NEW YORK (AP) As the saying goes, what you don't know may cost you. That's been especially true for mutual fund investors this year.
First, they had their profits skimmed by the questionable trading practices taking place at many of the nation's fund companies. And now there are revelations about the costly deals that funds made with brokerage firms to push their products over others and kick back all sorts of goods and services their way.
Add it all together and it potentially totals billions of dollars taken unknowingly out of investors' pockets.
Maybe the only good to come from all this is that it has made investors both big and small more aware that there was a lot missing from what they read in a prospectus.
Most of the focus lately are the trading abuses. Not only were select investors permitted to frequently trade their funds a violation of most fund companies' own rules but illegal after-hours trading was taking place.
Those late trades allowed some investors to cash in on after-hours news ahead of other investors, who would be forced to chance buying at the next day's closing price. Mutual funds are priced just once a day.
That exploitation of changes in prices can hurt other fund shareholders, especially those holding on for the long term, by diluting the value of their shares.
But that's not the only thing eating away at investors' money. Shareholders, especially individual investors, are just now finding out about other costs.
Take ''soft dollar'' arrangements, in which the fund companies steer stock- and bond-buying business to brokers who then provide research, computers and other services.
Fund companies are not required to report how much they pay their brokers in commissions the cost of which may be increased to cover such items. A survey last May by Greenwich Associates of 289 financial institutions found that they expect to pay more than $1 billion in soft-dollar commissions this year, up from $820 million in 2002.
Fund companies also pay brokerage firms to get on a ''preferred'' list of investments, so the brokers push those funds, regardless of whether they are the best place for clients to put their money. Currently, the breakdown of those payments don't have to be disclosed.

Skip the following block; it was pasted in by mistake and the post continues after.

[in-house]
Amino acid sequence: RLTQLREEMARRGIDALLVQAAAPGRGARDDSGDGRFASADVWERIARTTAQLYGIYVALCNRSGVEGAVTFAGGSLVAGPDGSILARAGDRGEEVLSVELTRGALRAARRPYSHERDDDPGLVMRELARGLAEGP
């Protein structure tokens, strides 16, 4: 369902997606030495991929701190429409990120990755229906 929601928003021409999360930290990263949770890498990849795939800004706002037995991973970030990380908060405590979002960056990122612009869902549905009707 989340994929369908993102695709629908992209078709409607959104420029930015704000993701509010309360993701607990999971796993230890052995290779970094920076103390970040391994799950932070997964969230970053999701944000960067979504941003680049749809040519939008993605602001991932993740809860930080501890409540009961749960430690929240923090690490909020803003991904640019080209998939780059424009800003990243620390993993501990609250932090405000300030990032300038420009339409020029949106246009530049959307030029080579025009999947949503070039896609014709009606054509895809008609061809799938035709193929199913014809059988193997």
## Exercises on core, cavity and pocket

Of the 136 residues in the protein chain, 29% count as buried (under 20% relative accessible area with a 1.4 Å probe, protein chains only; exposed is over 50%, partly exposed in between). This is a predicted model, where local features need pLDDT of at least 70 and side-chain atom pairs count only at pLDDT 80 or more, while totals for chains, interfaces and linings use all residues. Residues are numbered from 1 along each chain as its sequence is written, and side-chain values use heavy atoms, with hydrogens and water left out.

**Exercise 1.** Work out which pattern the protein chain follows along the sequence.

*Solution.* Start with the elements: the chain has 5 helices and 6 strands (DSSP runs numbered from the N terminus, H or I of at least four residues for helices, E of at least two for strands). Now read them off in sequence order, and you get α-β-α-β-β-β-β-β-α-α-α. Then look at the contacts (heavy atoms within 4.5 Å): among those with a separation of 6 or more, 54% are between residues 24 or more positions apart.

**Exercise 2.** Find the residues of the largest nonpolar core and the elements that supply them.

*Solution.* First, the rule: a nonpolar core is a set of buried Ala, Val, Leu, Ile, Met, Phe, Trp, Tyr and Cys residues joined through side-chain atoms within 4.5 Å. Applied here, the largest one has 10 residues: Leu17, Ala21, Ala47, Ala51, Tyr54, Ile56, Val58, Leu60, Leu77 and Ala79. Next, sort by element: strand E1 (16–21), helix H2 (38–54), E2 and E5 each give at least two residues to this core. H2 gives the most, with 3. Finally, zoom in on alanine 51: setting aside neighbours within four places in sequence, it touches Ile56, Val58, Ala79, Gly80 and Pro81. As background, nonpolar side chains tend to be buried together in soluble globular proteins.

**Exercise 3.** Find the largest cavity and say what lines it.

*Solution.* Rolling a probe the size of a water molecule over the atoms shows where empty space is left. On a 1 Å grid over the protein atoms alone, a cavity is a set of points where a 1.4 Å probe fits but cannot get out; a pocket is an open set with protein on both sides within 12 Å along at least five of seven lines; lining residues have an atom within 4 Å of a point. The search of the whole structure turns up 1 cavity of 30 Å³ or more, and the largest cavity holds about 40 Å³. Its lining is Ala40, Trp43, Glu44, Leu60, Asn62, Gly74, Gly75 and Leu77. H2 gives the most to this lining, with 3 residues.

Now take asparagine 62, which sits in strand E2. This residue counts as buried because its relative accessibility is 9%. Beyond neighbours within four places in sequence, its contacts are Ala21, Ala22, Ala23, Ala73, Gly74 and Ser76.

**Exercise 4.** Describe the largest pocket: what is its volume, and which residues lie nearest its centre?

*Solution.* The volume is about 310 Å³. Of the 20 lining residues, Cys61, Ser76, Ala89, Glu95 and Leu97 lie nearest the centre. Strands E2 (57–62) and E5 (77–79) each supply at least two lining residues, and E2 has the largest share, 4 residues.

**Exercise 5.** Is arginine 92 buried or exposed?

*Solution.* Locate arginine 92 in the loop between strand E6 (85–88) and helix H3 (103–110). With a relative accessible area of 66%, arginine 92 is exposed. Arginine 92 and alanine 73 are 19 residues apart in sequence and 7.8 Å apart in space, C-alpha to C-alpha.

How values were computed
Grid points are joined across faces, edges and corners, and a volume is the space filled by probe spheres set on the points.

Morgan Stanley last month agreed to pay a $50 million fine and change its practices for allegedly steering clients toward certain mutual funds in exchange for millions of dollars in commission payments from those companies.
The good news is that changes are on the way to make it a lot tougher for funds to cheat investors out of what they deserve to know.
While fund companies are cracking down on trading abuses within their own firms, the Securities and Exchange Commission is considering new rules that would impose a cutoff of 4 p.m. Eastern time for pricing of fund shares and require funds to clearly disclose their market-timing policies and procedures.
In addition, there is a push to make it more difficult for funds to hide other costs.
The Investment Company Institute, the trade group representing the fund industry, asked the SEC this week to put limits on soft dollars as well as ban the practice of steering stock transactions to brokerage firms that agree to push a fund company's products.
The SEC also this week asked for comment on proposals to improve disclosure in the mutual fund business.
Congress is jumping on this issue, too. The House last month overwhelmingly approved legislation that would require funds to spell out both types of relationships with brokers and their costs. The Senate is weighing several different versions of that bill, but no action is expected until next year.
In addition, many major investors, including state pension funds and 401(k) plan administrators, are demanding greater disclosure throughout fund prospectuses.
So maybe down the road investors will know exactly where their mutual fund money is going. It's about time.
Rachel Beck is the national business columnist for The Associated Press. Write to her at rbeck(at)ap.org
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